Monday, June 23, 2014

News from Mrs Davey

We have great new books in the library!
For Preps and Juniors: Hairy Maclary's Hat Tricks by L. Dodd , Green eggs and Ham by Dr. Seuss and many other picture books. For these books look in New Books or Picture Books.
See if you can find the new books!                                               

We have two new Zac Power Spy Recruit titles, and two new Billie B. Brown Mysteries.                      
Find the new shelf with some Premiers' Reading Challenge books for Preps and Juniors. 

For Mids and Seniors: Two new Geronimo Stilton titles, two Cavemice titles, and two Thea Stilton titles.  Also two new Rainbow Magic titles, a new Truly Tan, a new Tashi, and a new Judy Moody. We have two new Tom Gates titles, and three new Dork Diaries.                                                    
Note - some new series to try: 

Crawf's Kick it to Nick by Shane Crawford about A.F.L. Footy
Sea Quest by A.Blade, and Skylanders.            
Andy Griffiths has a new book Once Upon a Slime to help you write your own stories.

Especially for Seniors:  a number of new Jacqueline Wilson titles. My favourite is a recent title Queenside, but try them all. Note that J. Wilson based her book Four children and It on E. Nesbit's Five children and It. This will be available shortly- find out more about the Psammead!
Check New Books and Fiction for these books.

Soccer fans try the facts books and fiction on display.
Congratulations to all students who are reading so well for the Premiers' Reading Challenge.          
Keep it up over the holidays. You have until the end of August to finish.
Let's see if all students can complete the Challenge!

Any questions, send a message to Mrs. Davey.

Saturday, June 14, 2014

St. Luke's guest writer - Madeline

Glitter Words

It is with great pleasure that I introduce our very first guest writer for our Library blog. Madeline in Senior MY has written a very informative piece about poet and writer Oodgeroo Noonuccal.  
See more of Madeline's work on her blog  Meet Me (M@del!ne)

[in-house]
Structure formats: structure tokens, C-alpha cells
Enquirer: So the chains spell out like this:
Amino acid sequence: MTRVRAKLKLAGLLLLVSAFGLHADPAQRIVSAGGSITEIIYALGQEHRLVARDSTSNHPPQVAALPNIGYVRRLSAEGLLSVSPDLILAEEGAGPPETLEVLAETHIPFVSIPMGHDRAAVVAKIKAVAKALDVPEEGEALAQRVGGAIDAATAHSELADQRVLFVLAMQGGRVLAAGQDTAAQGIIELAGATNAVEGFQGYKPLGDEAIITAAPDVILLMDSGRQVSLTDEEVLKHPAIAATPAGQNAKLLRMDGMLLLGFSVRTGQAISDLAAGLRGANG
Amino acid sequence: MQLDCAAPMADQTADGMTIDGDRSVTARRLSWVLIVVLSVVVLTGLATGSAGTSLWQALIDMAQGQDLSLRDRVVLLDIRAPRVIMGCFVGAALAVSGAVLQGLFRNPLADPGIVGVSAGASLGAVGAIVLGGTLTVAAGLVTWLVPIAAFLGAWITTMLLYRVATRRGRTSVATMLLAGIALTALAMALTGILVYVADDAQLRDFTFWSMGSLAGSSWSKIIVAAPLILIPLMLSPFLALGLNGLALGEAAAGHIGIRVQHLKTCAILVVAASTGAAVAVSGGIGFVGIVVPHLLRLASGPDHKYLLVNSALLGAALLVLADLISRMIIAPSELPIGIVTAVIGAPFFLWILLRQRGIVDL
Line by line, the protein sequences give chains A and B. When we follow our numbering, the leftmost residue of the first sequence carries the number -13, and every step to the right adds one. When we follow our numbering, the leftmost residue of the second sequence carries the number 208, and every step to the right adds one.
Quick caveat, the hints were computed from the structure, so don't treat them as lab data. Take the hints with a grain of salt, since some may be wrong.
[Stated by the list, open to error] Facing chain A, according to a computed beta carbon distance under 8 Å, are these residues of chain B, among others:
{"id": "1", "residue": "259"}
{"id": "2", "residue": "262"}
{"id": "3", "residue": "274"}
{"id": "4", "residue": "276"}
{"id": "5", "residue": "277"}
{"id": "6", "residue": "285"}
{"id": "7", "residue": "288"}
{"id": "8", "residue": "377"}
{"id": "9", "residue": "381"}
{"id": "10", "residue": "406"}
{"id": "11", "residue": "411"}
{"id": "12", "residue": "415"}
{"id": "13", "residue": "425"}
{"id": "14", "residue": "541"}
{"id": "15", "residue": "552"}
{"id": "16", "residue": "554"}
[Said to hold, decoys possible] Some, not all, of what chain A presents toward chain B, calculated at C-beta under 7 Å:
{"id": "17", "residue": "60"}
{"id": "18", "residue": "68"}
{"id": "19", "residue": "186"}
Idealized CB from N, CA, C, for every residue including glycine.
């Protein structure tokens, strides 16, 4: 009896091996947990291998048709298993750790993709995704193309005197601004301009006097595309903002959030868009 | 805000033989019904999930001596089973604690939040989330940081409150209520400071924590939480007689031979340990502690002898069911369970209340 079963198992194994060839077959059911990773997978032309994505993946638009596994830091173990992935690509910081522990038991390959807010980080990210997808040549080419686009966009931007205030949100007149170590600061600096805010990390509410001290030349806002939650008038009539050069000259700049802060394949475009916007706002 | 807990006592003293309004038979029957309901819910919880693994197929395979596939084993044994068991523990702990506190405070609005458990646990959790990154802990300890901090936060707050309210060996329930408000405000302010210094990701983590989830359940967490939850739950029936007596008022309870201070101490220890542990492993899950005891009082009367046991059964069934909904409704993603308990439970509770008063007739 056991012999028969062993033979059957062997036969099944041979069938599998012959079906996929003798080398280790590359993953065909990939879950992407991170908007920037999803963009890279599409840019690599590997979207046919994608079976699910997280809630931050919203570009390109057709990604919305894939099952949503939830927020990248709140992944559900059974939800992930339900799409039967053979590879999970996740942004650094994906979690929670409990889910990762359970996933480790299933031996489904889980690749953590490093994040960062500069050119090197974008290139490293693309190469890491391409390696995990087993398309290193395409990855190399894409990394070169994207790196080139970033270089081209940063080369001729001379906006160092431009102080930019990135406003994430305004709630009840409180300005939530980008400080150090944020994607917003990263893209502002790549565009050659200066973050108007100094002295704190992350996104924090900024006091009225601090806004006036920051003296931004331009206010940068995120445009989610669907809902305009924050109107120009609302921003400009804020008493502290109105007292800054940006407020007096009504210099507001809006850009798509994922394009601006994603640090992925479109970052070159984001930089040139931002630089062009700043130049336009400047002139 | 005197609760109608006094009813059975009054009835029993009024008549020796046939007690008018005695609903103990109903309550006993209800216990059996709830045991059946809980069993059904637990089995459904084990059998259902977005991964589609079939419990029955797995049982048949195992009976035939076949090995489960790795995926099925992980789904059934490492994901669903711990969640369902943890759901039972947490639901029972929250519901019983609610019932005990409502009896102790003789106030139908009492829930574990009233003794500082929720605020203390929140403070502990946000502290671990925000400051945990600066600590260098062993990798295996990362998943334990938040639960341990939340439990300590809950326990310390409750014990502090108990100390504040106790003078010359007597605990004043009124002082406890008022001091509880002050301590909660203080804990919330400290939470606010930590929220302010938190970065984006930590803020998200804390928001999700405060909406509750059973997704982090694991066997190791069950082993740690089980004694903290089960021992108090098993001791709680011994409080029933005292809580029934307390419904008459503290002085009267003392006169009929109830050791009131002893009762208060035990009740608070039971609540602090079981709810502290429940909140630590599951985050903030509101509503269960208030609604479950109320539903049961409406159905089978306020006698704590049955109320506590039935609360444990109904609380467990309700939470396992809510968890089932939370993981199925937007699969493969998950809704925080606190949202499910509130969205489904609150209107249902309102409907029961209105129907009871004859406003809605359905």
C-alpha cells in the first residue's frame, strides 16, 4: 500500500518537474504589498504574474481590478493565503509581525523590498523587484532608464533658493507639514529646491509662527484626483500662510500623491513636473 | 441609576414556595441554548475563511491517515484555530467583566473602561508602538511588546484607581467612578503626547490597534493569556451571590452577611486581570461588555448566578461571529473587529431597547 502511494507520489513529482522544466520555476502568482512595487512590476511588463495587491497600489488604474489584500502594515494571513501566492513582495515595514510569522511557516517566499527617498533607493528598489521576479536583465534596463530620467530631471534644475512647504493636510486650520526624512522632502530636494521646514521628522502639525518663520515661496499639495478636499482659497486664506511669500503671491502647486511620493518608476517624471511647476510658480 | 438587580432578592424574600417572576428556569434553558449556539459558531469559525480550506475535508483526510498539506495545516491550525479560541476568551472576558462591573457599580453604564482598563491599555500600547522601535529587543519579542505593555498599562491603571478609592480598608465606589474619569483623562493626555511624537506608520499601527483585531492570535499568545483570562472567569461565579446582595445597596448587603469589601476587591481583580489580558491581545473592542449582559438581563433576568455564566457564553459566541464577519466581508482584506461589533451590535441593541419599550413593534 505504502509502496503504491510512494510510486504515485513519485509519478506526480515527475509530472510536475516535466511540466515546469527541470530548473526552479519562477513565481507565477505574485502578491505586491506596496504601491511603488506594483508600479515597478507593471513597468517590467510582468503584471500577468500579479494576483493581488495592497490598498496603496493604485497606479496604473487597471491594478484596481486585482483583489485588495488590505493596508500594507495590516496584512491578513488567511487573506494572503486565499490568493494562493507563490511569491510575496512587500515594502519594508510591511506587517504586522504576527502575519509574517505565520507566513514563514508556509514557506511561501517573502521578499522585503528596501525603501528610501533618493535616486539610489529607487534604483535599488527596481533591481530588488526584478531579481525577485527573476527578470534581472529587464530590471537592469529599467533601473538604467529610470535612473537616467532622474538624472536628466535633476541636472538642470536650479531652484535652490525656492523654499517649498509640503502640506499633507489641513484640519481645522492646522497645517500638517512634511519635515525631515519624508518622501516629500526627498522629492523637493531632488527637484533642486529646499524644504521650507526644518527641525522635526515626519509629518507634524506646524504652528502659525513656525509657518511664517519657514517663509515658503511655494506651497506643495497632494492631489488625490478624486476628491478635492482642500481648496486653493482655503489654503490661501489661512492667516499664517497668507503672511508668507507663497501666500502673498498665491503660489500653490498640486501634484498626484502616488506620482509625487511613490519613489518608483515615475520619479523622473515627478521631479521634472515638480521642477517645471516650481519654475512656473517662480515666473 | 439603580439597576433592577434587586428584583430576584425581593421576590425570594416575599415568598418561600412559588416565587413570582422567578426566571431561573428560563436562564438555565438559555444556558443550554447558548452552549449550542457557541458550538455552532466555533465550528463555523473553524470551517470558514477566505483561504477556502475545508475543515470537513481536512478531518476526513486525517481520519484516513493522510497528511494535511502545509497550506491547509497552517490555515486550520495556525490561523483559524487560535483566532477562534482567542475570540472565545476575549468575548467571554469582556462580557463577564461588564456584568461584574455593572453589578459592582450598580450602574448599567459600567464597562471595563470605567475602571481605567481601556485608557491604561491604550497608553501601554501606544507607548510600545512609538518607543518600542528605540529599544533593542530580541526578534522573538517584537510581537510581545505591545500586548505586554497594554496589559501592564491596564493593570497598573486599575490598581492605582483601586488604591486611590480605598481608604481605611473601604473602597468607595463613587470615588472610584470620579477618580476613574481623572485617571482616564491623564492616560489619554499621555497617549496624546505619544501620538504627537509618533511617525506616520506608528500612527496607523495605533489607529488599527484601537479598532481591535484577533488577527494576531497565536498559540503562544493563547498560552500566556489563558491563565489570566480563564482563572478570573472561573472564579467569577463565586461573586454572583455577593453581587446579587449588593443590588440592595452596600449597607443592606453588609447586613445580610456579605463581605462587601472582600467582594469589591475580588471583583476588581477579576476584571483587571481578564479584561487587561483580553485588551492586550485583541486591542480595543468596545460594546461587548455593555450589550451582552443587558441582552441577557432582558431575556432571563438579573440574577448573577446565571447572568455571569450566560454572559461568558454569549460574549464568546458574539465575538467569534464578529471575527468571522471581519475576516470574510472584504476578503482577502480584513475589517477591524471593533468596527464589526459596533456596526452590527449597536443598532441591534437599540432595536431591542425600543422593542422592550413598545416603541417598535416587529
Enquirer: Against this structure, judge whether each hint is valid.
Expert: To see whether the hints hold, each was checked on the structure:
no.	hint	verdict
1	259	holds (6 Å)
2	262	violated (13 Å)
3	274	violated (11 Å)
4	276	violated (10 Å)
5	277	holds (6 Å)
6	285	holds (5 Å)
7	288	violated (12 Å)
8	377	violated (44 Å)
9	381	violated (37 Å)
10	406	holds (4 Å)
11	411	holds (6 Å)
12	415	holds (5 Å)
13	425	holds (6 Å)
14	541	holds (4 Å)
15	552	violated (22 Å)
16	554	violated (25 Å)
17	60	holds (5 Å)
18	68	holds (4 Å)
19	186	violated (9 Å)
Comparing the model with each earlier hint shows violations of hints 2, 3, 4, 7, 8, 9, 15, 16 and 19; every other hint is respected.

Oodgeroo Noonucca

Oodgeroo was born in 1920 and she was born on Stradbroke Island, (the indigenous call it Minjerriba) Queensland. She was best known as a poet, although she was also an actress, a writer, a teacher, an artist and a campaigner for Aboriginal rights.She left school at the age of 13, and worked as a domestic servant until 1939. She volunteered for service in the Australian Women’s Army Service. 
achieved national prominence as the Queensland State Secretary of the
Council for the Advancement of Aboriginal and Torres Strait Islanders
(CAATSI). She also achieved another prominence through her highly popular
poetry and writing. Oodgeroo became the first published Aboriginal woman
with her verses ‘We are going’ which sold out in three days.

Oodgeroo also wrote a lot of books for children – Father Sky and Mother
Earth (1981), Little Fella (1986), and The Rainbow Serpent (1988) with the
help of her son – Kabul Oodgeroo Noonuccal (Vivian). She was included in
‘Aboriginal rights’ organisations.

Oodgeroo was very young when she started poetry and in her late forties a
writer encouraged her to publish them. She kept writing and became
recognised all over the world. 
In the 1960s, Oodgeroo campaigned for Aboriginal rights. Until then
Aboriginal Australians didn’t have the right to vote. Oodgeroo did
everything she could to create gender equality. She travelled across
Australia, giving as many as ten talks a day. The campaigning paid off
after fighting so hard. In 1967 the indigenous finally had the right to

Oodgeroo Noonuccal continued to fight for her rights. She travelled the
world, telling others about the dreadful conditions for the Torres Strait
Islanders. But she didn’t believe that people were listening to her. In her
frustration, she decided that she would go back to her favourite place –
Moongalba, (the Noonuccals call it this) which means ‘sitting down place.
It’s very sacred to them. But the Government said that they owned
Moongalba and Oodgeroo wasn’t allowed to build anything there. She wanted
to turn it into an Aboriginal museum.

She decided the only way that she could stay on her land, was to
camp there. Oodgeroo invited children, both black and white, and shared her
land with them and showed them the aboriginal ways. 
 When Oodgeroo Noonuccal died, lots of people were upset, but that’s not
what she wanted. Oodgeroo wanted people to celebrate her achievements and
to continue working for a better future for the indigenous. Oodgeroo’s was
a role model for all Australians. Someone who strived for true respect and
understanding between both the white and black communities.

Thank you Madeline for a beautifully written and thoughtful Author study. Oodgeroo Noonuccal was a very talented and amazing woman.